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Individual chocolate soufflés

These dark-chocolate soufflés will make you and your Valentine swoon! Light as air, yet dense with chocolate decadence and a hint of coffee, these impressive gems will make you look like an accomplished, undauntedly passionate pastry chef.

Individual chocolate soufflés

Chocolate dessert recipe

What’s the key to a successful soufflé? Beaten egg whites, which aerate the souffle batter and give it that must-have rise in the oven.

Making chocolate souffles

The best way to beat eggs to their full stature is to make sure the mixing bowl and beater are impeccably clean. Any oil residue will prevent the egg whites from beating up properly, which will hinder the height of your chocolate souffles.

chocolate souffle recipe

Before beating the egg whites, rub your mixing bowl with lemon and salt to remove any grease, then thoroughly wipe it clean with paper towels. We recommend metal or glass mixing bowls, as plastic bowls can harbor fat particles even after a good cleansing.

Soufflés are best eaten immediately out of the oven, with just a quick dusting of powdered sugar. That first knee-weakening spoonful should be savored when the chocolatey goodness is at its peak height. If you wait, you’ll end up serving a fallen dessert. Sure, it’ll taste amazing, but it won’t deliver the high-rise satisfaction of a warm, perfectly-baked soufflé.

Worried about timing your Valentine’s Day dessert for after that romantic dinner? Good news: You can make the soufflé batter up to three hours in advance. Simply preheat your oven and slide the soufflés into the oven as you’re finishing up your meal. In less than 15 minutes, you’ll be diving into a divine dessert.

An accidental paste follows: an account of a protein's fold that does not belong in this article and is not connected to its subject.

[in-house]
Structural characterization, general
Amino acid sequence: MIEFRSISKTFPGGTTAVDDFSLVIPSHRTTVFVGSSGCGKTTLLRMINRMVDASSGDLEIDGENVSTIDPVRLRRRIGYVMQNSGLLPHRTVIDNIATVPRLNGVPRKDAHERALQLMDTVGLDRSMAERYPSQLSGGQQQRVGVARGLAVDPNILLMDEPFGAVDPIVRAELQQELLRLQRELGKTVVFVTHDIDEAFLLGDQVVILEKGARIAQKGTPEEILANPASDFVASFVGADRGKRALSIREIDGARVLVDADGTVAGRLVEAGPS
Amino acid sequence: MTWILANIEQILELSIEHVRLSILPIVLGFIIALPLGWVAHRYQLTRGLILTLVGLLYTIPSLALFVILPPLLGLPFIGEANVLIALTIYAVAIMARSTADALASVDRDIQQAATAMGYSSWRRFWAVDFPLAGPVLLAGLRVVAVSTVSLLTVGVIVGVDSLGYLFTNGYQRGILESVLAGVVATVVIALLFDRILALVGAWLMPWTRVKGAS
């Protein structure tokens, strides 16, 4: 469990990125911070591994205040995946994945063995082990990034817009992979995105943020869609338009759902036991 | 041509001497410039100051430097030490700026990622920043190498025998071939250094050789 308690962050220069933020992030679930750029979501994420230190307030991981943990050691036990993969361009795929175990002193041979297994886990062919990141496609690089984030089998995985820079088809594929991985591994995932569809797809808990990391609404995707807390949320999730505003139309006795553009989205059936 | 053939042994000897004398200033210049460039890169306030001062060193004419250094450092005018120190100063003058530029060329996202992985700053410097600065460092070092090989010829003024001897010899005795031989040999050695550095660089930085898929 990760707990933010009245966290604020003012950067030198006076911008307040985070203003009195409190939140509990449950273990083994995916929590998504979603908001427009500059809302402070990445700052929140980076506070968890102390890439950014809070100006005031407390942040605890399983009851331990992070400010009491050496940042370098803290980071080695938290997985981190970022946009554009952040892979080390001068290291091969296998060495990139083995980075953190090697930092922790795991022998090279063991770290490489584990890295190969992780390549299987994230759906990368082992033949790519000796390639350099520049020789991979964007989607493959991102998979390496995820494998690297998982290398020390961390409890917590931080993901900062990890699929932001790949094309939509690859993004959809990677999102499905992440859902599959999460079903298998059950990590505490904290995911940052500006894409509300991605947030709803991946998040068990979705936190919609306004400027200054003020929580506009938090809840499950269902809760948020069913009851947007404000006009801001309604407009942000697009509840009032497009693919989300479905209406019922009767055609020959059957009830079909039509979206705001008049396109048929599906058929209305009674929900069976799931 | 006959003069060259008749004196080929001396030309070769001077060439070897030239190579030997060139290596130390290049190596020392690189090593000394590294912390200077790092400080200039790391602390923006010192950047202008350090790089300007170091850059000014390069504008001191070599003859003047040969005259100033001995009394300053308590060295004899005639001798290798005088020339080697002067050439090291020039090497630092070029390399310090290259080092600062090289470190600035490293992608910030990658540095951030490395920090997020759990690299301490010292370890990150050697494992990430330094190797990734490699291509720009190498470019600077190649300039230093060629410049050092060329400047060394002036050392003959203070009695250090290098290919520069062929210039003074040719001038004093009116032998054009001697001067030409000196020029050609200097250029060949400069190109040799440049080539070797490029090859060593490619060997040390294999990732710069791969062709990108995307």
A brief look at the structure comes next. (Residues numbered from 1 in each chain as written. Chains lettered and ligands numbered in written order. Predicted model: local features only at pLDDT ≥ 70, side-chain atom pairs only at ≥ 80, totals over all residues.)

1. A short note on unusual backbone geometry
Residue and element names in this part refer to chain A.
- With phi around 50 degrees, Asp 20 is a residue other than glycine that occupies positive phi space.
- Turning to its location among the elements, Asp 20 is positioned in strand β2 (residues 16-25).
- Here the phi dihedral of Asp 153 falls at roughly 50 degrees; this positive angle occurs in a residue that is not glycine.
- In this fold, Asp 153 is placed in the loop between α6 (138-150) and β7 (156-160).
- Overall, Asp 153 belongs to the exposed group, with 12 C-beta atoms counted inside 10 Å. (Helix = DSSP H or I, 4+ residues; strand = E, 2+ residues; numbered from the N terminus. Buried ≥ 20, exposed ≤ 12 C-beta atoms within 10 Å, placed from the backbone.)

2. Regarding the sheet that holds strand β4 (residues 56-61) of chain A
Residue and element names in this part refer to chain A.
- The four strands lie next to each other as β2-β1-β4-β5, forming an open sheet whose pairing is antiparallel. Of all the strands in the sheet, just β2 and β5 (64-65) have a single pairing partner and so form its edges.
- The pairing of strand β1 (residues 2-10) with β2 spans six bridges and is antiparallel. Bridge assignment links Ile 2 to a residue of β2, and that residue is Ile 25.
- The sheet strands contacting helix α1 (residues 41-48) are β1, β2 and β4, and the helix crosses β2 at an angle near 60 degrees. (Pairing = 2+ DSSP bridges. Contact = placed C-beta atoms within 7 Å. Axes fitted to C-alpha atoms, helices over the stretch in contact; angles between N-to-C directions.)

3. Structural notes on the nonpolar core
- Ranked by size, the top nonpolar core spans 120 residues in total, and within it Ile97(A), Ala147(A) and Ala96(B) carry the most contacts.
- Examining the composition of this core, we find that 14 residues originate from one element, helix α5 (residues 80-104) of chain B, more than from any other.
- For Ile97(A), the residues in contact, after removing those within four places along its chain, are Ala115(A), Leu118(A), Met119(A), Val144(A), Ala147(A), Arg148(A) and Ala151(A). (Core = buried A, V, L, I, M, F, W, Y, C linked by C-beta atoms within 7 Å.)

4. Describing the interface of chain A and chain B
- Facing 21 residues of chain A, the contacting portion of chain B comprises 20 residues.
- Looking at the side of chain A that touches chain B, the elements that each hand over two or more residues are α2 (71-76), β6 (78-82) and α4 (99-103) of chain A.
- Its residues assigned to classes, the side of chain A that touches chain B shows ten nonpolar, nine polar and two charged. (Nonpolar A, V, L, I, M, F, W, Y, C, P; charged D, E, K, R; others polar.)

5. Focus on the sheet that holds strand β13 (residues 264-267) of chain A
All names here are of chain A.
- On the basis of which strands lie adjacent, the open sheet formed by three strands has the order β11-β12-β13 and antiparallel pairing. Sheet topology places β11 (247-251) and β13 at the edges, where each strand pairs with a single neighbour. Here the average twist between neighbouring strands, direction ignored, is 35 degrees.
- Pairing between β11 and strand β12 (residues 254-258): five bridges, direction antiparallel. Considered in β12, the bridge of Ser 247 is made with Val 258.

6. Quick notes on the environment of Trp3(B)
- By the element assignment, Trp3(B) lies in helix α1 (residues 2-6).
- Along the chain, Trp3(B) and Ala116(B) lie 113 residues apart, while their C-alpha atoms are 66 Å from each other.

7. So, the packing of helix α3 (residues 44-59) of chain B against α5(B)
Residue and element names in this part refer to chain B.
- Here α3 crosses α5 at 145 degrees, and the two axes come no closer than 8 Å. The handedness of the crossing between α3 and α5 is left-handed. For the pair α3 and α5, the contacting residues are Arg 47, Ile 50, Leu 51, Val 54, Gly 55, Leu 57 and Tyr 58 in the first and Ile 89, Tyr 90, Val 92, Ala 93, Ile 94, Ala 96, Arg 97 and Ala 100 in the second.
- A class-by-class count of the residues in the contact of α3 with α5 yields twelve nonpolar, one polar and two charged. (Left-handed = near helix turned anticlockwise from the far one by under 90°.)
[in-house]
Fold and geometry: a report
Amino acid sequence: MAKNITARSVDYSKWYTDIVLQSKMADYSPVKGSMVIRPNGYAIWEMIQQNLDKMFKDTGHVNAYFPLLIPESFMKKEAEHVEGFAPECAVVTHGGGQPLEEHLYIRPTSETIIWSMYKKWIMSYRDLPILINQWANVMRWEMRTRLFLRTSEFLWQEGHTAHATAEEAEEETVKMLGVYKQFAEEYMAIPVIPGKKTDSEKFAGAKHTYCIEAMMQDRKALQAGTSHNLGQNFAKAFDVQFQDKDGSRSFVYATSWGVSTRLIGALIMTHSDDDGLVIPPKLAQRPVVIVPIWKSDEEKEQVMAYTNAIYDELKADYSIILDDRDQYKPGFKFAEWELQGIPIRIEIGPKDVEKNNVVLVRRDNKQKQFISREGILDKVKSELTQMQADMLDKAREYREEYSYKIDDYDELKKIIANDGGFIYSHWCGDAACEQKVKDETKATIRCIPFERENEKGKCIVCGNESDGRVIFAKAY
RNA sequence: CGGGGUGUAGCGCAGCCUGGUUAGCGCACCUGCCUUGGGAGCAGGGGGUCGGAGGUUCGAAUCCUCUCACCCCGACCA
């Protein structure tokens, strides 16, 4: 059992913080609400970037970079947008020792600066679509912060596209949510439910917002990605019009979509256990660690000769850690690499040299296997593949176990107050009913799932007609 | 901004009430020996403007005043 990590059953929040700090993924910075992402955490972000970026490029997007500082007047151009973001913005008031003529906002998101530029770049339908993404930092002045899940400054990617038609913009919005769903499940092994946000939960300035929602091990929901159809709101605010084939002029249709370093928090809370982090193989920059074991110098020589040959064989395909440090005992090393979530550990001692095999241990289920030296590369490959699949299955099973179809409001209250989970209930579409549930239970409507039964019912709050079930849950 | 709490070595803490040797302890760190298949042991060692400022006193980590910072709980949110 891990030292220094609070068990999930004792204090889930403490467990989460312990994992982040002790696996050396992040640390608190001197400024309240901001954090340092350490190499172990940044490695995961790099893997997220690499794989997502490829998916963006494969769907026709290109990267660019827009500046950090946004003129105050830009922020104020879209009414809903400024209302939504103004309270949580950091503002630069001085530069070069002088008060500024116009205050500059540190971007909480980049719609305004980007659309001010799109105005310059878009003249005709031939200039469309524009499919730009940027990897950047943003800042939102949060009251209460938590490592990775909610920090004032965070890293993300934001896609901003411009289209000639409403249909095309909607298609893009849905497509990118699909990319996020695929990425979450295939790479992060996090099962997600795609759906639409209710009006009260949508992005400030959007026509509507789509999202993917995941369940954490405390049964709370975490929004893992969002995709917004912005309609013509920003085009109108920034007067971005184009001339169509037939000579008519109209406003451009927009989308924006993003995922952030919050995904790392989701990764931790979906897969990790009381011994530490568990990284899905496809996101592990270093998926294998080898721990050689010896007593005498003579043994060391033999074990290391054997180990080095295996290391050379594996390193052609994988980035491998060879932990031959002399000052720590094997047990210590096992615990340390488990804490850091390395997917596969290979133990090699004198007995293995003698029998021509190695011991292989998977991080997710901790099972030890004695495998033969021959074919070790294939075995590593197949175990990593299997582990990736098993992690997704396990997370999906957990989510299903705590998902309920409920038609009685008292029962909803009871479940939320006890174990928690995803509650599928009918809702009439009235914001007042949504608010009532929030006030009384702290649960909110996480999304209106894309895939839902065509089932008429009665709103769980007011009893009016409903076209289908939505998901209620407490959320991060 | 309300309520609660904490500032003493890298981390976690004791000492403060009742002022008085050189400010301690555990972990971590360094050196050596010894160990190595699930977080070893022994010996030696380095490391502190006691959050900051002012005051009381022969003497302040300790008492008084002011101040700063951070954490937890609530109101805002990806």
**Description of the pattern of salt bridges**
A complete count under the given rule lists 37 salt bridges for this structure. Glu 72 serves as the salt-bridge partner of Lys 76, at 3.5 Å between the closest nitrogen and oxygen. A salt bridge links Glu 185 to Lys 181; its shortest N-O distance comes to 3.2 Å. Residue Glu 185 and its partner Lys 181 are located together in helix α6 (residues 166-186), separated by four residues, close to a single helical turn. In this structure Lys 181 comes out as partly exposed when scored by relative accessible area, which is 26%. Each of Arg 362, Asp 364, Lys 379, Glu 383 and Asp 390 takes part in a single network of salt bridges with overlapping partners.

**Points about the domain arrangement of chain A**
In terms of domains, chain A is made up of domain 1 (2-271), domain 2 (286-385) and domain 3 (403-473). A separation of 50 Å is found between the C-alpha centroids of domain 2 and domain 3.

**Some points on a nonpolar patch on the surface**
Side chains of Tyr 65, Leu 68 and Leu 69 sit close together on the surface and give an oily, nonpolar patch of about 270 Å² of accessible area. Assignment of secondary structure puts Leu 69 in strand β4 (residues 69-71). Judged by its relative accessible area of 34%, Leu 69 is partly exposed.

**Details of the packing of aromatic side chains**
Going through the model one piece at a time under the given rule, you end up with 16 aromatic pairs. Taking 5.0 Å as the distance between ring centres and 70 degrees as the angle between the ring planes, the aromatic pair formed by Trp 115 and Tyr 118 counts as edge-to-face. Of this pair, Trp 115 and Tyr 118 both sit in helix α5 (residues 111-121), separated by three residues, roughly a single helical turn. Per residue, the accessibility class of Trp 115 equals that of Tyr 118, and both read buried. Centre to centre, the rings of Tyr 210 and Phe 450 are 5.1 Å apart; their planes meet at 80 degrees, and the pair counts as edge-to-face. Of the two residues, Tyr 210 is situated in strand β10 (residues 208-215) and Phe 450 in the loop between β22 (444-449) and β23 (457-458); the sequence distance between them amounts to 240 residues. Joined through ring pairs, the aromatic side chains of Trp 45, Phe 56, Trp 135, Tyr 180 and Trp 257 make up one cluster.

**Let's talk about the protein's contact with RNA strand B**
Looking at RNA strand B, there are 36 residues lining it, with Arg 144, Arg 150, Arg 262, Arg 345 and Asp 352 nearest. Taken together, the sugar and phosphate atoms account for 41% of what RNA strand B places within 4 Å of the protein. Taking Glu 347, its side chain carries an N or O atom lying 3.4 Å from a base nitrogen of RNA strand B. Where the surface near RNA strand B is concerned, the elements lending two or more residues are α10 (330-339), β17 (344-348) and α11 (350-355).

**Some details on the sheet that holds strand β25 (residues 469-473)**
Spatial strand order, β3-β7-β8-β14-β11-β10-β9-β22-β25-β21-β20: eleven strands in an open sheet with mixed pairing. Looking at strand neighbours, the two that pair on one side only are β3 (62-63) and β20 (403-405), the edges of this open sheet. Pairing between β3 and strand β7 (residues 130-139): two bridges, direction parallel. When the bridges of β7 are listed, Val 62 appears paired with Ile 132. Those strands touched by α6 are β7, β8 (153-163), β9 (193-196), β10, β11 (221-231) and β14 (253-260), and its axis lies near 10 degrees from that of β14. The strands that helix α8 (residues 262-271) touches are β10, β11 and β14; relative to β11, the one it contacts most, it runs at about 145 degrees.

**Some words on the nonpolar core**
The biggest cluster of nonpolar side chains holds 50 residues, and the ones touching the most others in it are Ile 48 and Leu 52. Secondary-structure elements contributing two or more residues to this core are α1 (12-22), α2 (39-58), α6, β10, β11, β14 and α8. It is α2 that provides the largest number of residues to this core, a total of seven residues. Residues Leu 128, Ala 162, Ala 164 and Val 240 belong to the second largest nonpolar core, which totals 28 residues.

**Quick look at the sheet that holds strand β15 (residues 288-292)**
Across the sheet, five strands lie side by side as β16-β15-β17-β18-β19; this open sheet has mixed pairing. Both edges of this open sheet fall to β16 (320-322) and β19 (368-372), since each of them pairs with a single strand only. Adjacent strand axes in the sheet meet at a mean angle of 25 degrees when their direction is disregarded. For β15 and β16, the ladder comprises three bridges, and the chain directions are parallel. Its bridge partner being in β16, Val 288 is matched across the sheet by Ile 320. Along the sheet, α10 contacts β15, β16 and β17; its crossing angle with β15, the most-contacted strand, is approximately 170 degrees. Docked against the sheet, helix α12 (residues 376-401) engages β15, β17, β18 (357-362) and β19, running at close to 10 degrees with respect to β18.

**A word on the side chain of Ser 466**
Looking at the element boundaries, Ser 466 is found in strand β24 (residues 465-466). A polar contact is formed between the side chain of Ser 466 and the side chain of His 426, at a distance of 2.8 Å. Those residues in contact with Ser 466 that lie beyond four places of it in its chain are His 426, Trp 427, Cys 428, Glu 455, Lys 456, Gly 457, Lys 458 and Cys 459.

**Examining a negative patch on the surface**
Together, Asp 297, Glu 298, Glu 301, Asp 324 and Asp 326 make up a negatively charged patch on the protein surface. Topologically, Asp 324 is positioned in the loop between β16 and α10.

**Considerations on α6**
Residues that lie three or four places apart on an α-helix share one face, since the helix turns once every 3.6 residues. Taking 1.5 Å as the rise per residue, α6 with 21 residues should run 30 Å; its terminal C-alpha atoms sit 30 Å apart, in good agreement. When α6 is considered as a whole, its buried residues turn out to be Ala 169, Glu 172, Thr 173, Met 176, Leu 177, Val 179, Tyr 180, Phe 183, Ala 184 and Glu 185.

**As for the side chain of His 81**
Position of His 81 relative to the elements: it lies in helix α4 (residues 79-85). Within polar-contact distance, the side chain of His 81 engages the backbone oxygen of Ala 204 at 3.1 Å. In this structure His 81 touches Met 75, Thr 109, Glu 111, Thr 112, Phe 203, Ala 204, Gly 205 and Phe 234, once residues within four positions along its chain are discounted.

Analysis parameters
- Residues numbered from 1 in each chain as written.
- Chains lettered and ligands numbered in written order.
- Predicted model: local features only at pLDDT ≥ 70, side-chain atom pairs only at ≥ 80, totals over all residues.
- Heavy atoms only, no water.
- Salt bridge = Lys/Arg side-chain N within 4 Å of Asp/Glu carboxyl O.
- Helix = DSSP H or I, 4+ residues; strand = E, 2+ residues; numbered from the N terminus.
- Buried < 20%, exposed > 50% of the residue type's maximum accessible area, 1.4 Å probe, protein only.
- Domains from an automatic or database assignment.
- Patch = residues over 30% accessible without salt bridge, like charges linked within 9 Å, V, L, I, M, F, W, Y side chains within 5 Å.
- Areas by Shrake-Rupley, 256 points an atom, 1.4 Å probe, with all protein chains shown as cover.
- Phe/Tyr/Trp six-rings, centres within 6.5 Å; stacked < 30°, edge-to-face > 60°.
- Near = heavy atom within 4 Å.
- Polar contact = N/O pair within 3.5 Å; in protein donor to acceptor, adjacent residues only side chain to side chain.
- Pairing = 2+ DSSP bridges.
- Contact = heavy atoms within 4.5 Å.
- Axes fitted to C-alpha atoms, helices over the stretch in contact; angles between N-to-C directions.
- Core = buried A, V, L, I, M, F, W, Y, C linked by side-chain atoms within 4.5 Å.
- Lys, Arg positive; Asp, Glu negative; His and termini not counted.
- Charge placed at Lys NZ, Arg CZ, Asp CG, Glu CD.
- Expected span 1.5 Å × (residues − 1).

small chocolate soufflés

mini chocolate soufflés

Individual chocolate soufflés

Yield 4 soufflés


  • 2 tablespoons unsalted butter, at room temperature
  • 2 tablespoons granulated sugar (for ramekins)
  • 2/3 cup whole milk
  • 1 tablespoon plus 1-1/2 teaspoons cornstarch
  • 1/8 teaspoon salt
  • 5-1/2 ounces good-quality bittersweet chocolate (70 percent cacao), cut into 1-inch chunks
  • 1 teaspoon instant coffee
  • 3 large egg yolks
  • 1 lemon
  • Kosher salt
  • 3 tablespoons sour cream
  • 3 large egg whites, at room temperature
  • 1/8 teaspoon cream of tartar
  • 1/3 cup granulated sugar
  • Garnish: powdered sugar, for dusting


  1. Preheat oven to 400F.
  2. Place ramekins on parchment-lined baking sheet.
  3. Brush four 7-ounce ramekins generously with butter, then coat with granulated sugar.
  4. In saucepan, whisk milk with cornstarch.
  5. Add salt and bring mixture to simmer. Cook, stirring, until thickened, 1 to 2 minutes.
  6. Add chocolate and instant coffee. Whisk until well blended (mixture will separate).
  7. Whisk in yolks one at time, then add sour cream. Allow mixture to cool slightly.
  8. Place ingredients in large mixing bowl and allow to cool slightly.
  9. Coat clean mixing bowl with lemon juice and kosher salt. Rub lemon around bowl to remove all grease. Wipe thoroughly with paper towels.
  10. Using hand mixer, whisk whites in mixing bowl until frothy, about 2 minutes.
  11. Add cream of tartar; whisk until soft peaks form.
  12. Add 1/3 cup granulated sugar; whisk until medium peaks form, about 5 minutes. Set aside.
  13. Gently fold half of whipped egg whites into chocolate mixture.
  14. Repeat process with other half of egg whites.
  15. Pour batter into prepared ramekins.
  16. Bake 12–14 minutes until soufflés rise but centers are still slightly liquid.
  17. Dust lightly with powdered sugar.
  18. Serve immediately.


Batter can be prepared and held for up to 3 hours before baking.

Courses Desserts

Individual chocolate soufflés

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